(1) ARRAIGNMENT HEARING.—
(a) When a child has been taken into custody by order of the court, an arraignment hearing shall be held within 7 days after the date the child is taken into custody. The hearing shall be held for the child and the parent, guardian, or custodian to admit, deny, or consent to findings that a child is in need of services as alleged in the petition. If the child and the parent, guardian, or custodian admit or consent to the findings in the petition, the court shall proceed as set forth in the Florida Rules of Juvenile Procedure. However, if either the child or the parent, guardian, or custodian denies any of the allegations of the petition, the court shall hold an adjudicatory hearing within 7 days after the date of the arraignment hearing.
(b) When a child is in the custody of the parent, guardian, or custodian, upon the filing of a petition, the clerk shall set a date for an arraignment hearing within a reasonable time from the date of the filing of the petition. If the child and the parent, guardian, or custodian admit or consent to an adjudication, the court shall proceed as set forth in the Florida Rules of Juvenile Procedure. However, if either the child or the parent, guardian, or custodian denies any of the allegations of child in need of services, the court shall hold an adjudicatory hearing within a reasonable time from the date of the arraignment hearing.
(c) If at the arraignment hearing the child and the parent, guardian, or custodian consents or admits to the allegations in the petition and the court determines that the petition meets the requirements of s. 984.15(3)(e), the court shall proceed to hold a disposition hearing at the earliest practicable time that will allow for the completion of a predisposition study. (2) ADJUDICATORY HEARING.—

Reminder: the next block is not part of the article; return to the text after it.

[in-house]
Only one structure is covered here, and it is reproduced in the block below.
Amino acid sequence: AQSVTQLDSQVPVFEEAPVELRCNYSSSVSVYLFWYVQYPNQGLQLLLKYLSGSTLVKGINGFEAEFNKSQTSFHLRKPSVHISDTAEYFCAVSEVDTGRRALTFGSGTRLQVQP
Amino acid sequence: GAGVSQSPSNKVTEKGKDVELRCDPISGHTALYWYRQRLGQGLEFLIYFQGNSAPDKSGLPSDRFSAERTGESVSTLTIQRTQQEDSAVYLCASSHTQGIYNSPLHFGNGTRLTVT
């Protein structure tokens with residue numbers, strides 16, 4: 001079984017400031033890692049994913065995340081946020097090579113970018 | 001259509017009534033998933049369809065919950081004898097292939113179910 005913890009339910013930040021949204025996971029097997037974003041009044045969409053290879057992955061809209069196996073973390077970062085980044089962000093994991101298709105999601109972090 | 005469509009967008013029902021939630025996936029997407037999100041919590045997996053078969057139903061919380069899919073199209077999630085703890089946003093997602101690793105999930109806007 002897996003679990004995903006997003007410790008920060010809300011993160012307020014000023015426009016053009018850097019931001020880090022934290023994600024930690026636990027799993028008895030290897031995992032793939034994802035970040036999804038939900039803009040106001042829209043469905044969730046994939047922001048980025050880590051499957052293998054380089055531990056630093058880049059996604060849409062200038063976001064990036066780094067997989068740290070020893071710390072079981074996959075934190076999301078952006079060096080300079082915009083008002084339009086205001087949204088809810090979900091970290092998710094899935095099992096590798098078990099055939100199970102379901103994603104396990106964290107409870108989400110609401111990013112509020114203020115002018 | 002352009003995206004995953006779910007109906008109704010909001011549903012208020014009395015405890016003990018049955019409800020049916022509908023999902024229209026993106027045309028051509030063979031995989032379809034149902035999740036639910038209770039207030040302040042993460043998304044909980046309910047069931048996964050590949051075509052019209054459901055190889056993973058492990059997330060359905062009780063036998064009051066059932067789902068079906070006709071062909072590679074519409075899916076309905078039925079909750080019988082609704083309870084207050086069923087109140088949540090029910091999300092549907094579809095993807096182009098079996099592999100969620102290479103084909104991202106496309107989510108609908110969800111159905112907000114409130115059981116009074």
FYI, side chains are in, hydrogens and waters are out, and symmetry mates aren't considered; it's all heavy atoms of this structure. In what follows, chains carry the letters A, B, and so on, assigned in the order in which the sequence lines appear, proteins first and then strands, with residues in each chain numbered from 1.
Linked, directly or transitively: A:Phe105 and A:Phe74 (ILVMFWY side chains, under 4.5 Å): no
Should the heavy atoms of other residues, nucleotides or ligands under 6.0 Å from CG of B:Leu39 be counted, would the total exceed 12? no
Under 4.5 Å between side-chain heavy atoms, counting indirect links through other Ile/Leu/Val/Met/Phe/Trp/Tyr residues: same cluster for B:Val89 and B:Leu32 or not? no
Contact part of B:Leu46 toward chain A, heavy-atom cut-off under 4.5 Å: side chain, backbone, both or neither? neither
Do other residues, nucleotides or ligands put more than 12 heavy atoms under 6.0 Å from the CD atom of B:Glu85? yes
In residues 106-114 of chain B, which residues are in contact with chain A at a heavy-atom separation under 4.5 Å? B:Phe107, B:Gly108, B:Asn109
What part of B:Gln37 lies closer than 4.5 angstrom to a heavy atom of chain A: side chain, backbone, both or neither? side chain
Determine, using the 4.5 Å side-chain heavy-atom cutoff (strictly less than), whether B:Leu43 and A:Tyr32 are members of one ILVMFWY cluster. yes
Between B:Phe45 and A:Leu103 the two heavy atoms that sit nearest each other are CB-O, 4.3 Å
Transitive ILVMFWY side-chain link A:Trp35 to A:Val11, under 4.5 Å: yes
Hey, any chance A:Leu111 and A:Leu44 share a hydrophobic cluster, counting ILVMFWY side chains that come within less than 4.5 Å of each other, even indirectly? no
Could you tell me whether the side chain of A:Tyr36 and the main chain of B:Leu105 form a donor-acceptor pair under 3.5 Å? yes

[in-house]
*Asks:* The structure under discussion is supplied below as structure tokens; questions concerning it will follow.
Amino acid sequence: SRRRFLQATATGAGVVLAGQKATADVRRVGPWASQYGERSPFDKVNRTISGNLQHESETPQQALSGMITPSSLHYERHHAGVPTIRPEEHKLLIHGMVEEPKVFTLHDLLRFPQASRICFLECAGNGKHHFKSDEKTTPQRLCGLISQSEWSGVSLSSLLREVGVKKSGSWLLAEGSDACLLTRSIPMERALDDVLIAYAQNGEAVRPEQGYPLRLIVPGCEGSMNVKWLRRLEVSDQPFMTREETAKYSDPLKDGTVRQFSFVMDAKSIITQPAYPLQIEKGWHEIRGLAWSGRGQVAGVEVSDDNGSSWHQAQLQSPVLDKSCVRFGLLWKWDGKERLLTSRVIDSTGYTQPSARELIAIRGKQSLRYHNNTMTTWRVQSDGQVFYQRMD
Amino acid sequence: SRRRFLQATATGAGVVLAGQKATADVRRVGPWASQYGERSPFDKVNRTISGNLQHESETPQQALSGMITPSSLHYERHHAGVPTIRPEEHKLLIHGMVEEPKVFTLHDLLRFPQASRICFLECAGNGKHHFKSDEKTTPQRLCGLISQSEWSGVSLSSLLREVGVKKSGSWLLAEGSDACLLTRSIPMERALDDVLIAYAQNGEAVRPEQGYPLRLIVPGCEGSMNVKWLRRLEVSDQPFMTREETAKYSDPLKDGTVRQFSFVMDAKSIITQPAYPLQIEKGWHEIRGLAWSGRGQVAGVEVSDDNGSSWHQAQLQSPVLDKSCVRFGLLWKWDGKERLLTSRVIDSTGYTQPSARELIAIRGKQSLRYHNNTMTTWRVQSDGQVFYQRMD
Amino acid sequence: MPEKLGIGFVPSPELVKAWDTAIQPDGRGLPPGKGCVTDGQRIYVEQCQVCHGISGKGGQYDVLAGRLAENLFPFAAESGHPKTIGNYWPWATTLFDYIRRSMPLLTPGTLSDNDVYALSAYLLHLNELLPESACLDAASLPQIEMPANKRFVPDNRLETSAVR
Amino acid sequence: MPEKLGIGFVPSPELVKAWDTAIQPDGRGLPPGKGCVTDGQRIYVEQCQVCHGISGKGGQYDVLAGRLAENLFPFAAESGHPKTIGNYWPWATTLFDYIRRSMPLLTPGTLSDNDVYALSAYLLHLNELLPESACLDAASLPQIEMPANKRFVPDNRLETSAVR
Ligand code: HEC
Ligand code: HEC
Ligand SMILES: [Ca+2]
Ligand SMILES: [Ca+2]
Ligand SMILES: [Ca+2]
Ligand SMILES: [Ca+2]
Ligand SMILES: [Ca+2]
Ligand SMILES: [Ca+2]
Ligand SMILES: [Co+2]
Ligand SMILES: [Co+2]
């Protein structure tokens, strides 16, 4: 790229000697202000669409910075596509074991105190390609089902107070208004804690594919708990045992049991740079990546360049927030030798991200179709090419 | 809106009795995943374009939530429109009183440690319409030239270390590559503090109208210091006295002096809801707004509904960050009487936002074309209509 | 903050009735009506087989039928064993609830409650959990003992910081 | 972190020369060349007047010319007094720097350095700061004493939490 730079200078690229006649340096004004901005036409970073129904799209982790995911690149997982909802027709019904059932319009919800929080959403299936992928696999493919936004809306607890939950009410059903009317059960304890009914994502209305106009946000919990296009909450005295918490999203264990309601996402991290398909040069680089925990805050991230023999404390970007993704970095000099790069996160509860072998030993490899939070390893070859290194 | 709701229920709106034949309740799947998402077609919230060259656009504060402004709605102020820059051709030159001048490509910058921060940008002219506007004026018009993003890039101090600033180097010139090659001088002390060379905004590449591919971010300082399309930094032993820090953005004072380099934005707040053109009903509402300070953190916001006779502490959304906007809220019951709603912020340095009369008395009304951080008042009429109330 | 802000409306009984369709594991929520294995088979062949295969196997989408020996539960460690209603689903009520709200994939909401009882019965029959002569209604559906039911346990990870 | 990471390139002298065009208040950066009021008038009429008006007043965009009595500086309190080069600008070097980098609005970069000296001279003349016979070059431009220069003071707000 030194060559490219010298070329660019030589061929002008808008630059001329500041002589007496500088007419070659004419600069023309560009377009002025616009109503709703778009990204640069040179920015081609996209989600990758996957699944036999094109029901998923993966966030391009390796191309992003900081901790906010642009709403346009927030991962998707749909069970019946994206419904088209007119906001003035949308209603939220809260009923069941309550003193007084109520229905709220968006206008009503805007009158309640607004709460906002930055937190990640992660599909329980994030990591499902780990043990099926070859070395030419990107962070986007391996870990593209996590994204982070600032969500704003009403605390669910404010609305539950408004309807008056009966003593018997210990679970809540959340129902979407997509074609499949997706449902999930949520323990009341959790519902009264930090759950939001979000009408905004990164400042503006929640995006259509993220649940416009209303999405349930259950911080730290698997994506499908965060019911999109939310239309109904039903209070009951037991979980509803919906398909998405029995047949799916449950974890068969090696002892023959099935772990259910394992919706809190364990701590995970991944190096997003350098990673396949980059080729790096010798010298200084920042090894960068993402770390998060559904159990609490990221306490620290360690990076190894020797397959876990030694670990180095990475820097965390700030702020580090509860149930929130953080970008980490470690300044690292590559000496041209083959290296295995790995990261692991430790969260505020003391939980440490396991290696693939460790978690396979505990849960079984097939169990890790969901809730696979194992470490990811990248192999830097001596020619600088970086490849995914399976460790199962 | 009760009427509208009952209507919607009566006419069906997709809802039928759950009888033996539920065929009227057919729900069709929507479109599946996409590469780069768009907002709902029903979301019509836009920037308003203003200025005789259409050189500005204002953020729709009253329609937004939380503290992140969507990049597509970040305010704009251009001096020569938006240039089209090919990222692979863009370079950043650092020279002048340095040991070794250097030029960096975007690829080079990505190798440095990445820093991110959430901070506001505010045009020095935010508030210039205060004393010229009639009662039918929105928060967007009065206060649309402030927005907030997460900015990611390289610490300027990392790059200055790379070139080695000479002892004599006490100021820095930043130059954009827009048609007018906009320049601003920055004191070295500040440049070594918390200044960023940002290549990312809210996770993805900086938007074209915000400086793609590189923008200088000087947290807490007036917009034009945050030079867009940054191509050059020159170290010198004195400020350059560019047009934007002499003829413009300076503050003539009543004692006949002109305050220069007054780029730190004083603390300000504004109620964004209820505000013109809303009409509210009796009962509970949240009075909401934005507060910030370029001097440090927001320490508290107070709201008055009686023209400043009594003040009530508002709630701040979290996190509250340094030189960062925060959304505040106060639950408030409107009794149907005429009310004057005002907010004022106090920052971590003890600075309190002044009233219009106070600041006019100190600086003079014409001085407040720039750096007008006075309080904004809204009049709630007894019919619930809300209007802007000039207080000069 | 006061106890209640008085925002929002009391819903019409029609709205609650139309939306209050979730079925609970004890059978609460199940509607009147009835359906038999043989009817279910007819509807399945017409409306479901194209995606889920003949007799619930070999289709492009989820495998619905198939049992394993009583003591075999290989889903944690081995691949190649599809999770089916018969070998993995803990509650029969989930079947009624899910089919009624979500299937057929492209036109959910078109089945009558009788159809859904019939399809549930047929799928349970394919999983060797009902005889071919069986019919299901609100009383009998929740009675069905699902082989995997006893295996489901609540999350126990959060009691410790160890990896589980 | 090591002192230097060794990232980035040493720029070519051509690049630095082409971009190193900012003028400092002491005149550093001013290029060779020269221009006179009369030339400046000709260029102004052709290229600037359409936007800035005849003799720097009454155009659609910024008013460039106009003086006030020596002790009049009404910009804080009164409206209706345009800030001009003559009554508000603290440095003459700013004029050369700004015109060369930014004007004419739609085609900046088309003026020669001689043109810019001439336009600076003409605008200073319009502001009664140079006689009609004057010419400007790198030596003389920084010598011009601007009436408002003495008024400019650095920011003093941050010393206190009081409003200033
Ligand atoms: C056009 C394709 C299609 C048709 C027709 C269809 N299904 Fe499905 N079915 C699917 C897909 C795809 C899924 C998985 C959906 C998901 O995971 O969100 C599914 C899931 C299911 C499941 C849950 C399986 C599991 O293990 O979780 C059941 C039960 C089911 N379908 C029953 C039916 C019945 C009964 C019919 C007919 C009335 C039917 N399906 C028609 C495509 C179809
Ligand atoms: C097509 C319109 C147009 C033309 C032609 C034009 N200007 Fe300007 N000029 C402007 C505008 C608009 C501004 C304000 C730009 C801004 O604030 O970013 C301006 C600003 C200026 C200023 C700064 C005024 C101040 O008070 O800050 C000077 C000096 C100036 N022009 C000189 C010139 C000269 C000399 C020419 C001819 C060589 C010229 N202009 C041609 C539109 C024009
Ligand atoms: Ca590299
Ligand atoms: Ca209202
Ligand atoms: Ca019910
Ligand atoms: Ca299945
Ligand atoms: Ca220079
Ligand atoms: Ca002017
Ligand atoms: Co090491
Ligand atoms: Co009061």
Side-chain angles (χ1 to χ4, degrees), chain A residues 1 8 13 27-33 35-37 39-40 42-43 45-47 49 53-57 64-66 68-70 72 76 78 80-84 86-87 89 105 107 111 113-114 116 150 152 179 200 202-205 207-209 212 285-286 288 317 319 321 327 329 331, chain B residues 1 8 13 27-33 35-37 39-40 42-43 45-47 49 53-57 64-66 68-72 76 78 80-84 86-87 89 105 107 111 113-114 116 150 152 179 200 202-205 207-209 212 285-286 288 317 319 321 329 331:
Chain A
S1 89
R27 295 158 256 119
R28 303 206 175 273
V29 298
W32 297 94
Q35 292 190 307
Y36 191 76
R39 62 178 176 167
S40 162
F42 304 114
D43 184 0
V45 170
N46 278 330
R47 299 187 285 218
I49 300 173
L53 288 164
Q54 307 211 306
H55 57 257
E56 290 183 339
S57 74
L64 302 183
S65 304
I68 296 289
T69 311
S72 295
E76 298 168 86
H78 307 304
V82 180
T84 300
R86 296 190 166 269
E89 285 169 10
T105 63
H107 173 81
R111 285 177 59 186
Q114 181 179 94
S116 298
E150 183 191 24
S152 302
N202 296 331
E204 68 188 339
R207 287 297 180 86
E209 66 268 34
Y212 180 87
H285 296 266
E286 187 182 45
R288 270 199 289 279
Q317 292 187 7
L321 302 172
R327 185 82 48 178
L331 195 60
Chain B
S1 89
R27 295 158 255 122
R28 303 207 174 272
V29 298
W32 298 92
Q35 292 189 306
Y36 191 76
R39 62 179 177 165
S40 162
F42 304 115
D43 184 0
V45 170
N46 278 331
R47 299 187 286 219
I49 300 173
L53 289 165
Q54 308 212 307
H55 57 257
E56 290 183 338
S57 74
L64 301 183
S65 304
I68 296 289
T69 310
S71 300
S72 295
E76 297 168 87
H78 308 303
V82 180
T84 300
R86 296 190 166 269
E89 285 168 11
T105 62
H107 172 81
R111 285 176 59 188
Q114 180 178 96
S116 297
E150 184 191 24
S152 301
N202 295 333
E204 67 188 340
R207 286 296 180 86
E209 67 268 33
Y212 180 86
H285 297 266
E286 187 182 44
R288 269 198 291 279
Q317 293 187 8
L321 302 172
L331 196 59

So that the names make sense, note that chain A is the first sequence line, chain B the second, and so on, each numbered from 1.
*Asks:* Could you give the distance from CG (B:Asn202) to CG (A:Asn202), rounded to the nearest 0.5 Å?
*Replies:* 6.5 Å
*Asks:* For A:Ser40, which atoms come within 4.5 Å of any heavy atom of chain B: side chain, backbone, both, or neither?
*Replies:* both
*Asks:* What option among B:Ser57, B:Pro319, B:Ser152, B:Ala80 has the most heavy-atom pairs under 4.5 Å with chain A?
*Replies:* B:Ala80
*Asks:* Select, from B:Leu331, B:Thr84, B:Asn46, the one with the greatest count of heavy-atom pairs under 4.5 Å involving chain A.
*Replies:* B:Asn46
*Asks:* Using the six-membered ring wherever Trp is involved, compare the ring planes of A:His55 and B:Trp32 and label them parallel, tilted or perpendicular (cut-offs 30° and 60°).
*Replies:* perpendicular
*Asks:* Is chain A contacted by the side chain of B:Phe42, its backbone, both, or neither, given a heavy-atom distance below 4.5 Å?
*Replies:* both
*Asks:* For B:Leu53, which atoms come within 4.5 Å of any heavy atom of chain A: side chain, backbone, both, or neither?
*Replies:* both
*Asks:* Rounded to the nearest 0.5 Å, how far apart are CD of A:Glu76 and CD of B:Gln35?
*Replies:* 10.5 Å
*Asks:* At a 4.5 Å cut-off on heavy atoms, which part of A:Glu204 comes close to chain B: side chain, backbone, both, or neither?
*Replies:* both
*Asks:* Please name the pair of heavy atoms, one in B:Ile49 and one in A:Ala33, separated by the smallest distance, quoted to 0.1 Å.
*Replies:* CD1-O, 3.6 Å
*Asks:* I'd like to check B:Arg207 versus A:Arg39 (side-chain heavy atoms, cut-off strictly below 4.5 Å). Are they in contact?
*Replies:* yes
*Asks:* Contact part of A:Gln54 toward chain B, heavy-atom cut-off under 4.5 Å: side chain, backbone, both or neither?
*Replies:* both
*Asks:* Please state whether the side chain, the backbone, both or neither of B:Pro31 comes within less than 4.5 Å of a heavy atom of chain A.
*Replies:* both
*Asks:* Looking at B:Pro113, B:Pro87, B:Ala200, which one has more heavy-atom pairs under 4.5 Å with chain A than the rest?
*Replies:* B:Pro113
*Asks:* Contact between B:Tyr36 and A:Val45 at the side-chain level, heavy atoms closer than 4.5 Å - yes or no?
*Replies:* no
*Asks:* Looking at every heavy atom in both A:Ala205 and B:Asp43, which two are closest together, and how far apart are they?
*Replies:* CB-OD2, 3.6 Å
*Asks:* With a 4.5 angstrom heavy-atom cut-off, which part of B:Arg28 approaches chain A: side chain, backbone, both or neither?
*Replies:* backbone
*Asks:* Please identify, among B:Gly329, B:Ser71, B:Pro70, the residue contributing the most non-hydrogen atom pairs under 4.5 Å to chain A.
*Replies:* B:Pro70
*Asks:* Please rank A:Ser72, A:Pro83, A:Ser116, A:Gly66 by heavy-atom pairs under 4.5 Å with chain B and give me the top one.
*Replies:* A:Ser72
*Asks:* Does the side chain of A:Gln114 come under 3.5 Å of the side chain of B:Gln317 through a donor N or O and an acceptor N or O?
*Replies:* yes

(a) The adjudicatory hearing shall be held as soon as practicable after the petition for a child in need of services is filed and in accordance with the Florida Rules of Juvenile Procedure, but reasonable delay for the purpose of investigation, discovery, or procuring counsel or witnesses shall, whenever practicable, be granted. If the child is in custody, the adjudicatory hearing shall be held within 14 days after the date the child was taken into custody.
(b) Adjudicatory hearings shall be conducted by the judge without a jury, applying the rules of evidence in use in civil cases and adjourning the hearings from time to time as necessary. In a hearing on a petition in which it is alleged that the child is a child in need of services, a preponderance of evidence shall be required to establish that the child is in need of services.
(c) All hearings, except as hereinafter provided, shall be open to the public, and no person shall be excluded therefrom except on special order of the judge who, in his or her discretion, may close any hearing to the public when the public interest or the welfare of the child, in his or her opinion, is best served by so doing. Hearings involving more than one child may be held simultaneously when the several children involved are related to each other or were involved in the same case. The child and the parent, guardian, or custodian of the child may be examined separately and apart from each other.
(3) DISPOSITION HEARING.—At the disposition hearing, if the court finds that the facts alleged in the petition of a child in need of services were proven in the adjudicatory hearing, the court shall receive and consider a predisposition study, which shall be in writing and be presented by an authorized agent of the department or its provider. (a) The predisposition study shall cover:
1. All treatment and services that the parent, guardian, or custodian and child received.